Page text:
ISLAMABAD: The premier lawyers’ bodies have smelled a rat in the sudden change of guard at the Federal Board of Revenue (FBR) and expressed serious concern over the ad hoc appointment of a new chairman at this critical juncture.
The Pakistan Bar Council (PBC) — the regulatory body of lawyers — and the Supreme Court Bar Association (SCBA) — the prestigious lawyers’ body — on Tuesday demanded that the government reverse its decision to remove the FBR chairperson or as alternative appoint a senior independent officer, who should not be below the rank of grade-22, to ensure an independent and neutral investigation into the offshore properties belonging to the wife and children of Justice Qazi Faez Isa of the Supreme Court.
Otherwise, the bar leaders warned, the legal fraternity would not accept the investigation and any report in this regard and would strongly resist the same.
The federal government had on July 4 appointed Muhammad Javed Ghani as chairman of the FBR for a period of three months — the fourth head of the revenue department since the PTI had come to power in July 2018 — after removing Nausheen Amjad from the post. She was made federal secretary of national heritage and culture. Ms Amjad was transferred three months after her appointment as FBR chairperson.
PBC, SCBA demand independent, neutral probe into properties of Justice Isa’s wife, children
PBC chairman Abid Saqi and SCBA president Syed Qalb-i-Hassan expressed serious concern over the abrupt removal of Ms Amjad and ad hoc appointment of Mr Ghani as FBR chief and that too for just three months.
In a statement, the two bar leaders expressed their surprise and apprehension over the top level change in the FBR at this critical juncture when the Supreme Court had referred the high-profile case of Justice Isa’s wife to the FBR for investigation. “This, prima facie, amounts to manipulating and adversely influencing the investigation,” they said, expressing a strong apprehension over the ill-motivated government move to remove the FBR chairperson.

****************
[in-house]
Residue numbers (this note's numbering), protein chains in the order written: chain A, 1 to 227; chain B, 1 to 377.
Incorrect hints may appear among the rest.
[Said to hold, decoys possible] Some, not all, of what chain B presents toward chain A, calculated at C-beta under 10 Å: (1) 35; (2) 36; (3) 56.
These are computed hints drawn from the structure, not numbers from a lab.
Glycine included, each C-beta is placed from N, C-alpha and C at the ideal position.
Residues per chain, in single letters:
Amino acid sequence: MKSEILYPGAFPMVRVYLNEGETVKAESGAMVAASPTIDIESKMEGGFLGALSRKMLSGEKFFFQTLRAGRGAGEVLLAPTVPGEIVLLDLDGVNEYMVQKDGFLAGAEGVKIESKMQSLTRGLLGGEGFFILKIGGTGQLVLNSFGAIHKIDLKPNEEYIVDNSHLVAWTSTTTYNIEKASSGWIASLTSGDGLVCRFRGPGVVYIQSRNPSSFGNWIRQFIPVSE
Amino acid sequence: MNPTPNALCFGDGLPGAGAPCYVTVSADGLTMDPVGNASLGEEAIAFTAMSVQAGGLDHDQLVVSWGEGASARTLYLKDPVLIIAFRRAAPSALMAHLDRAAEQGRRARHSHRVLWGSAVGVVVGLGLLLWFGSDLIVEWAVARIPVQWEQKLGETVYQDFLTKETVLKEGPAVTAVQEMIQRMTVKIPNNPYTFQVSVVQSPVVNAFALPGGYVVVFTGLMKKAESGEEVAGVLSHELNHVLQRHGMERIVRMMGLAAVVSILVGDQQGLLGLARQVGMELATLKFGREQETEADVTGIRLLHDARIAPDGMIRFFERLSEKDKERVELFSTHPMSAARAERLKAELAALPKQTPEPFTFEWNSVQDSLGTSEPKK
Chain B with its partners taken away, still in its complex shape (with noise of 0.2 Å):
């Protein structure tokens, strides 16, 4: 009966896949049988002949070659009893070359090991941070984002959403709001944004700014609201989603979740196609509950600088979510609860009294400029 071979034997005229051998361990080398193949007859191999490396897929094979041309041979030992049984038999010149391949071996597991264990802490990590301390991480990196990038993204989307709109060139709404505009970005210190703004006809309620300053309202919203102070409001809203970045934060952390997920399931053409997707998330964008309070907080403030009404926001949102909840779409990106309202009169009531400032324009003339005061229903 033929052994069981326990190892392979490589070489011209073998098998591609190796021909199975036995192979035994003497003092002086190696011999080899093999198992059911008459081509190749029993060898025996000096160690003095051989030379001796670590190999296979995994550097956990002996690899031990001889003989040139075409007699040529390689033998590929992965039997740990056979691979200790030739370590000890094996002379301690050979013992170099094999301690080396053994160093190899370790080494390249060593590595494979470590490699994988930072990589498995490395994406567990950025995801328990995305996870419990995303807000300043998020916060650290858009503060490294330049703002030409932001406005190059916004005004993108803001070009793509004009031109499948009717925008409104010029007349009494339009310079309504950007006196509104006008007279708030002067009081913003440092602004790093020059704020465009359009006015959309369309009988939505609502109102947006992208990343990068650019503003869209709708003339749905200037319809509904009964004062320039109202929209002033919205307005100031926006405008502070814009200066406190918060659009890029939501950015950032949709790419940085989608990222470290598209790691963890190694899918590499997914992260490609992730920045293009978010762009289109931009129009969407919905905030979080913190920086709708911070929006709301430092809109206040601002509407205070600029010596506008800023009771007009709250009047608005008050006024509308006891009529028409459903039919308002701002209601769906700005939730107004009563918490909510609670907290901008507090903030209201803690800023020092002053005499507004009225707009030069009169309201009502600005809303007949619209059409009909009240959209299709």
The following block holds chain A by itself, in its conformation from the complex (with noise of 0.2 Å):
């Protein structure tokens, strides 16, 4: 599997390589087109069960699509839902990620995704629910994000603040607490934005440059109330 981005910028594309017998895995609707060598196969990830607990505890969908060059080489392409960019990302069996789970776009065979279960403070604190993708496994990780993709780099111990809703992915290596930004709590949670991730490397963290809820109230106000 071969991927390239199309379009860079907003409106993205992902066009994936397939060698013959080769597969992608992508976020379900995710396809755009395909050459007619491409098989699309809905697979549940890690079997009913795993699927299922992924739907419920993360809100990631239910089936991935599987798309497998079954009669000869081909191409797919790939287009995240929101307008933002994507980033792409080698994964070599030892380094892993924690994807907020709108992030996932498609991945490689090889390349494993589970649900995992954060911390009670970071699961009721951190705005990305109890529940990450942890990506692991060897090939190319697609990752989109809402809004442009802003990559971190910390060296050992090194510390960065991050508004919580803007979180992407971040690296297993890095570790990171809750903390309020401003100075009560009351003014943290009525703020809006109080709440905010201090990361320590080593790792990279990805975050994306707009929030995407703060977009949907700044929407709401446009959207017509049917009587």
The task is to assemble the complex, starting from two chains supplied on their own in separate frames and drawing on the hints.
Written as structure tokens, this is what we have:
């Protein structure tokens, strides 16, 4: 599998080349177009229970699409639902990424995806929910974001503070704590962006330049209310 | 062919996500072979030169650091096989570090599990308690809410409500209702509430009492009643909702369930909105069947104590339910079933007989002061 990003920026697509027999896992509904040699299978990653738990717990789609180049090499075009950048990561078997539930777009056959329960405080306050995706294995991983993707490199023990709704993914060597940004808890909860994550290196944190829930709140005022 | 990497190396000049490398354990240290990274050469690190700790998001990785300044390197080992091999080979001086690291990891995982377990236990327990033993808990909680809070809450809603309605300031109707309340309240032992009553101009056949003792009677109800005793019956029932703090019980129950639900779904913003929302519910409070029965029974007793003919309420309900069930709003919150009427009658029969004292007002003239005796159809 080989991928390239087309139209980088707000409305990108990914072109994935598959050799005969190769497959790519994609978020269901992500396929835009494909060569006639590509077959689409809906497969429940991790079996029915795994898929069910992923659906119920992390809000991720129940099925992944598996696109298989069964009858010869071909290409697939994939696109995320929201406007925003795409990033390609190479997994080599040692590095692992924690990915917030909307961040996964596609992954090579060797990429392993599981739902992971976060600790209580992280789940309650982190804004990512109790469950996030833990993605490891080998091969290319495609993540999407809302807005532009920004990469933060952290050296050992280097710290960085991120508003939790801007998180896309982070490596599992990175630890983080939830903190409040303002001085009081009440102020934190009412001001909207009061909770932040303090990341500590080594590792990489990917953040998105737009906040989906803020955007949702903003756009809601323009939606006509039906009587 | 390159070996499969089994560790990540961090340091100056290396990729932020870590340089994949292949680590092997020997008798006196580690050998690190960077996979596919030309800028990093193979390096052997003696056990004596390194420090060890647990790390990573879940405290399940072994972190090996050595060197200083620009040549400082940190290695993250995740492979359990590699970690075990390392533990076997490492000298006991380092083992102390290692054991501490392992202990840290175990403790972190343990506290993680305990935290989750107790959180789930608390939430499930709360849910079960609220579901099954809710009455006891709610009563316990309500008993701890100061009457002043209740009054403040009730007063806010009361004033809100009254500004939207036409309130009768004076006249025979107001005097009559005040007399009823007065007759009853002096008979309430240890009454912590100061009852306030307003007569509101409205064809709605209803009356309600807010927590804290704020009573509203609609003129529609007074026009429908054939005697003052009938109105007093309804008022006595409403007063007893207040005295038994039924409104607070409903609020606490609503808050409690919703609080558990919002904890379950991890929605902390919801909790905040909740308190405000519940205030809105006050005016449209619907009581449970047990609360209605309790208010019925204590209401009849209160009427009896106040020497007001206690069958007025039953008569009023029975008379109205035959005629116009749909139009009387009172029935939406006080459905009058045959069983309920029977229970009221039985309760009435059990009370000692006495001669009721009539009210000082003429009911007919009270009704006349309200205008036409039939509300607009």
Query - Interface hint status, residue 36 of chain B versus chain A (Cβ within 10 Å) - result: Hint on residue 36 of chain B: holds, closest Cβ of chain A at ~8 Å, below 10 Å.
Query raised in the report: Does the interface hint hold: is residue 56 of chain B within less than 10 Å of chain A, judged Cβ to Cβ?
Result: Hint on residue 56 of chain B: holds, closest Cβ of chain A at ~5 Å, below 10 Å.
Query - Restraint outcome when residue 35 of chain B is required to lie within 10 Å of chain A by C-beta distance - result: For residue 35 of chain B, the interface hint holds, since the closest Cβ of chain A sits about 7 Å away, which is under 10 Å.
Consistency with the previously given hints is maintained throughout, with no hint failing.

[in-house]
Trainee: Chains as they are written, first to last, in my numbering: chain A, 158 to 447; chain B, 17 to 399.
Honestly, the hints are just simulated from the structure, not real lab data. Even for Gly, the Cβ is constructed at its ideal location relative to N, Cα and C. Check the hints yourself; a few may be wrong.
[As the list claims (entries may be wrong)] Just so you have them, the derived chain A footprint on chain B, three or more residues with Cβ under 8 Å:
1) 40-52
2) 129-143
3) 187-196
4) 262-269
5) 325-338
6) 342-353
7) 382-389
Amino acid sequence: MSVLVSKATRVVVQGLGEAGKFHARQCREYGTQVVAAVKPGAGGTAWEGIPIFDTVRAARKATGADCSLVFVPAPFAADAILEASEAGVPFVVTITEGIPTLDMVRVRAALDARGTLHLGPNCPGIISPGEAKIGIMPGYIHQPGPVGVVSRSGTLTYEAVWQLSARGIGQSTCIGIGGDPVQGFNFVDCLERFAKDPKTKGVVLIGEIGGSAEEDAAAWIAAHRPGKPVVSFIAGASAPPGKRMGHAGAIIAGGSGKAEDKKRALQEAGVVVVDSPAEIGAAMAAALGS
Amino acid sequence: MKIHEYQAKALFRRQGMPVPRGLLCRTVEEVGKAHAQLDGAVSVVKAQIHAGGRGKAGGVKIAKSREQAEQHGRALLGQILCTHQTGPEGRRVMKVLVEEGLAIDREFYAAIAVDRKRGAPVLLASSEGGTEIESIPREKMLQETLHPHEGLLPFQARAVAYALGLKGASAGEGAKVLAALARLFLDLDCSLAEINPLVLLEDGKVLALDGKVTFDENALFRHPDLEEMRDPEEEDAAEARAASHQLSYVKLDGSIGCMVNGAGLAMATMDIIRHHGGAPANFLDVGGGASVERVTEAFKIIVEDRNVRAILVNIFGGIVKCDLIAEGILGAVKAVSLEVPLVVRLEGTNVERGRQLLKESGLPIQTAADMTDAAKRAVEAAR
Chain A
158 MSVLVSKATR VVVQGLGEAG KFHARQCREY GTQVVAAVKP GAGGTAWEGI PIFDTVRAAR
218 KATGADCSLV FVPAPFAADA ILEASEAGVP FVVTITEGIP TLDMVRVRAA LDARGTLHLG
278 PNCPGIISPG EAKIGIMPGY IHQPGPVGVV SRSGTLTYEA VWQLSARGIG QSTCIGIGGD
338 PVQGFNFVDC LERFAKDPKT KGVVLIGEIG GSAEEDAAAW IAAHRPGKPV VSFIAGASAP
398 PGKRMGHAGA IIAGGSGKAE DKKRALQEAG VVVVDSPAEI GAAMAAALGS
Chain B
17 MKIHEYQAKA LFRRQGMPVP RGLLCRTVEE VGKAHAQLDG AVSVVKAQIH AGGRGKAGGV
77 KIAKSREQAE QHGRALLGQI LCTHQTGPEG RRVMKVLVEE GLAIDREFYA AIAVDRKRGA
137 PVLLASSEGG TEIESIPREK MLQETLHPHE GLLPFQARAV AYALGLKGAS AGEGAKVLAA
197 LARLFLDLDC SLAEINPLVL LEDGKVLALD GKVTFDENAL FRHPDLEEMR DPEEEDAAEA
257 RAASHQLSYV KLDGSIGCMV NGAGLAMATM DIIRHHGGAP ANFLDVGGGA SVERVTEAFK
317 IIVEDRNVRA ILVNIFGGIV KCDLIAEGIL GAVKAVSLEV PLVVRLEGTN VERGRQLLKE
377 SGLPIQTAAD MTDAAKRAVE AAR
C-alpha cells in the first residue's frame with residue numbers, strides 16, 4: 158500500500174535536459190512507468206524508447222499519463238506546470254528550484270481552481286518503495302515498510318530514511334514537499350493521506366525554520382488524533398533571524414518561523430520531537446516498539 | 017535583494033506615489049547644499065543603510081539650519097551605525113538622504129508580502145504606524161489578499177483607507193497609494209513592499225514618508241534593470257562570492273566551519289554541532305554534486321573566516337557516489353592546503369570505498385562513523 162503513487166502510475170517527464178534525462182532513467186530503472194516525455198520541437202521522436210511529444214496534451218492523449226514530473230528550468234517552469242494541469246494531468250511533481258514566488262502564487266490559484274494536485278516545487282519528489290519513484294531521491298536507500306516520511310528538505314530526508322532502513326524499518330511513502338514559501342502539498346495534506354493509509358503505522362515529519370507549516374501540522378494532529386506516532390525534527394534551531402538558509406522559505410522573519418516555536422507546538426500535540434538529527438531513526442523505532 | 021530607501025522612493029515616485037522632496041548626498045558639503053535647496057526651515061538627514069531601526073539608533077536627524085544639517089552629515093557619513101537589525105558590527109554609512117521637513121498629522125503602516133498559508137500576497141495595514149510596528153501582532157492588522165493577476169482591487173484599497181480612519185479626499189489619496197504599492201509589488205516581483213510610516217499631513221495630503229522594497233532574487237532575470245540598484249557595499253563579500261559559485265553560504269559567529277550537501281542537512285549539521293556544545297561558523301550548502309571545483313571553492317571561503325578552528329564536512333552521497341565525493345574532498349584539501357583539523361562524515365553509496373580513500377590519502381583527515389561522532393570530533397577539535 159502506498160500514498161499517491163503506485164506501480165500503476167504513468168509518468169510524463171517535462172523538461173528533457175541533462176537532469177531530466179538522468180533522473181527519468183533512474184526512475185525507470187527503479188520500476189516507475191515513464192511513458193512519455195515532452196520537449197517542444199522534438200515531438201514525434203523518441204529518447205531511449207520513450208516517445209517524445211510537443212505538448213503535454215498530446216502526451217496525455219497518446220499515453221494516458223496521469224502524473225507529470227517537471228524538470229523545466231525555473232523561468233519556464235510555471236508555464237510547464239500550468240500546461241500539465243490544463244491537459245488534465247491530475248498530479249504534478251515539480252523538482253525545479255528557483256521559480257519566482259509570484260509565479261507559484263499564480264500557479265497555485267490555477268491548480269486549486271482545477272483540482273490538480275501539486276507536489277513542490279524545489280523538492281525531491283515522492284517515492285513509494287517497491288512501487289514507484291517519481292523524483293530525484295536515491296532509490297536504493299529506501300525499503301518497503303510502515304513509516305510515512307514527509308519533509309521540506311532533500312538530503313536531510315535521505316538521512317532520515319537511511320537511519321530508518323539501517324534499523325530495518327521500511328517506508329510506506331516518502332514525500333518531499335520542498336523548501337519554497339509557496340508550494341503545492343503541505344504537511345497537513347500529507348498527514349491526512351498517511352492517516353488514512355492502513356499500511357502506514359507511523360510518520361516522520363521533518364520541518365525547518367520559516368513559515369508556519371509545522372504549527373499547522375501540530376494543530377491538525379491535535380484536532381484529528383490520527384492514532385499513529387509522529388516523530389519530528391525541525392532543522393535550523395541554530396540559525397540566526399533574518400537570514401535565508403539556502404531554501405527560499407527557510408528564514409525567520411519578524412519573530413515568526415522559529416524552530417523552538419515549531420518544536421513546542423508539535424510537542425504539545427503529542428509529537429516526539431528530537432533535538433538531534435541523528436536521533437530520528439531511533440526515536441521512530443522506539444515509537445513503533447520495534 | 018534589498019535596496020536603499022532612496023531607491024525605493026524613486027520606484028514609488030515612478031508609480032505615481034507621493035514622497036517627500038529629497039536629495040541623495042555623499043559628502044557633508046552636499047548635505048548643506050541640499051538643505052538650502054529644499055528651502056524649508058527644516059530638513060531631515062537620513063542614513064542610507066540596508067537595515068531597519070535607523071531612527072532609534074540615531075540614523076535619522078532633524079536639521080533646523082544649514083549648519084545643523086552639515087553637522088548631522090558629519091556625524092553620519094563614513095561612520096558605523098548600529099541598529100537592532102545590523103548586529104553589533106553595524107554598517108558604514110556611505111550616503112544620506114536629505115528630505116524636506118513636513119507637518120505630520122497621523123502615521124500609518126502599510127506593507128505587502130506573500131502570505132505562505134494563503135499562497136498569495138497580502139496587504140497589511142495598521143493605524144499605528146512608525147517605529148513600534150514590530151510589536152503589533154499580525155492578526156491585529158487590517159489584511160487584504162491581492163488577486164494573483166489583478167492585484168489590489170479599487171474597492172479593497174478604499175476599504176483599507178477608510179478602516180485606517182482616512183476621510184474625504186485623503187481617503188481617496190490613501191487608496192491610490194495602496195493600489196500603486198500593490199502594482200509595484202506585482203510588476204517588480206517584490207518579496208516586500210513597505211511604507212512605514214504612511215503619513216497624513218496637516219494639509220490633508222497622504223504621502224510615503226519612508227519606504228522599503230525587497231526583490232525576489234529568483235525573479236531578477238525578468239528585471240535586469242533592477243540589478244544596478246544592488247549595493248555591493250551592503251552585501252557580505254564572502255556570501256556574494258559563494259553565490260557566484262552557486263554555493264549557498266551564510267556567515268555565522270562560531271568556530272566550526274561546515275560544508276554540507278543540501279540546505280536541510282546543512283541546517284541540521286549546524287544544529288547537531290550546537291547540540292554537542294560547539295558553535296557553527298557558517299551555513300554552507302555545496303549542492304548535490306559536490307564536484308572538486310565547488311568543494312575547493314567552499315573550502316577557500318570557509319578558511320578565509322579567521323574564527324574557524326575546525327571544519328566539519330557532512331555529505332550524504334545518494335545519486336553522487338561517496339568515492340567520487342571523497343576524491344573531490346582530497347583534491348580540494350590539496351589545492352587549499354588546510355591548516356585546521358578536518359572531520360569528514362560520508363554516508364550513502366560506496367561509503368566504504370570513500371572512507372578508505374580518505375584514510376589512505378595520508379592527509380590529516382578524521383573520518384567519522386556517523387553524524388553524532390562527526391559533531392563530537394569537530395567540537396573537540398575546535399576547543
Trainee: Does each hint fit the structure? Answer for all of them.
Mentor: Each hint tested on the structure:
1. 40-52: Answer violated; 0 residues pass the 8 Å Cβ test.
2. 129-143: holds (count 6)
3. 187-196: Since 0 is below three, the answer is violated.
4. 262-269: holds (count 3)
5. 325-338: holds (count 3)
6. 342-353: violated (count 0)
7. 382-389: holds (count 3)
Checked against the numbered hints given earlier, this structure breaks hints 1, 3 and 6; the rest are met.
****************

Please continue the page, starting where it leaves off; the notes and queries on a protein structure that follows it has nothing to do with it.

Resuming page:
They said Ms Amjad had not been replaced by a permanent chief that gave strength to the apprehension that the government was not willing to let the FBR proceed with the matter pertaining to properties of Justice Isa’s wife independently and maintaining its neutrality which, in a way, amounted to contempt of the court.
The Supreme Court had on June 19 quashed a presidential reference against Justice Isa and ordered the FBR chief to furnish a report under his signatures to the Supreme Judicial Council (SJC) secretary, who happens to be the SC registrar. The report should consist of details of the proceedings conducted by the Commissioner Inland Revenue after seeking explanation from the wife and children of Justice Isa about the nature and source of the funds for the three properties in the United Kingdom — No. 40, Oakdale Road, London E11 4DL; No. 90, Adelaide Road, London E10 5NW; and No. 50, Coniston Court, Kendal Street, London W2 2AN.
The secretary would place such report before the SJC chairman who would have the report laid before the SJC for consideration, action or proceedings, if any, in relation to Justice Isa, as the council may determine, the SC order stated.
The receipt of the report, the presentation of it before the council and the action/proceedings, if any, or orders or directions, if any, as may be taken, will be deemed, for the purposes of Article 209 of the Constitution, to be in exercise of the suo motu jurisdiction, the judgement explained.
The order said that if within 100 days from the date of this judgement, no report was received by the SJC secretary from the FBR chairman, he would inform the chairman of the council accordingly and may require an explanation why the report has not been received. If no reply is received, then the secretary will bring such fact to the attention of the SJC chairman who may direct that the matter be placed before the council for consideration or action as the council may determine. The action/proceedings, if any, will be initiated by the SJC for purposes of Article 209 of the Constitution, in exercise of suo motu, the judgement explained.
Published in Dawn, July 8th, 2020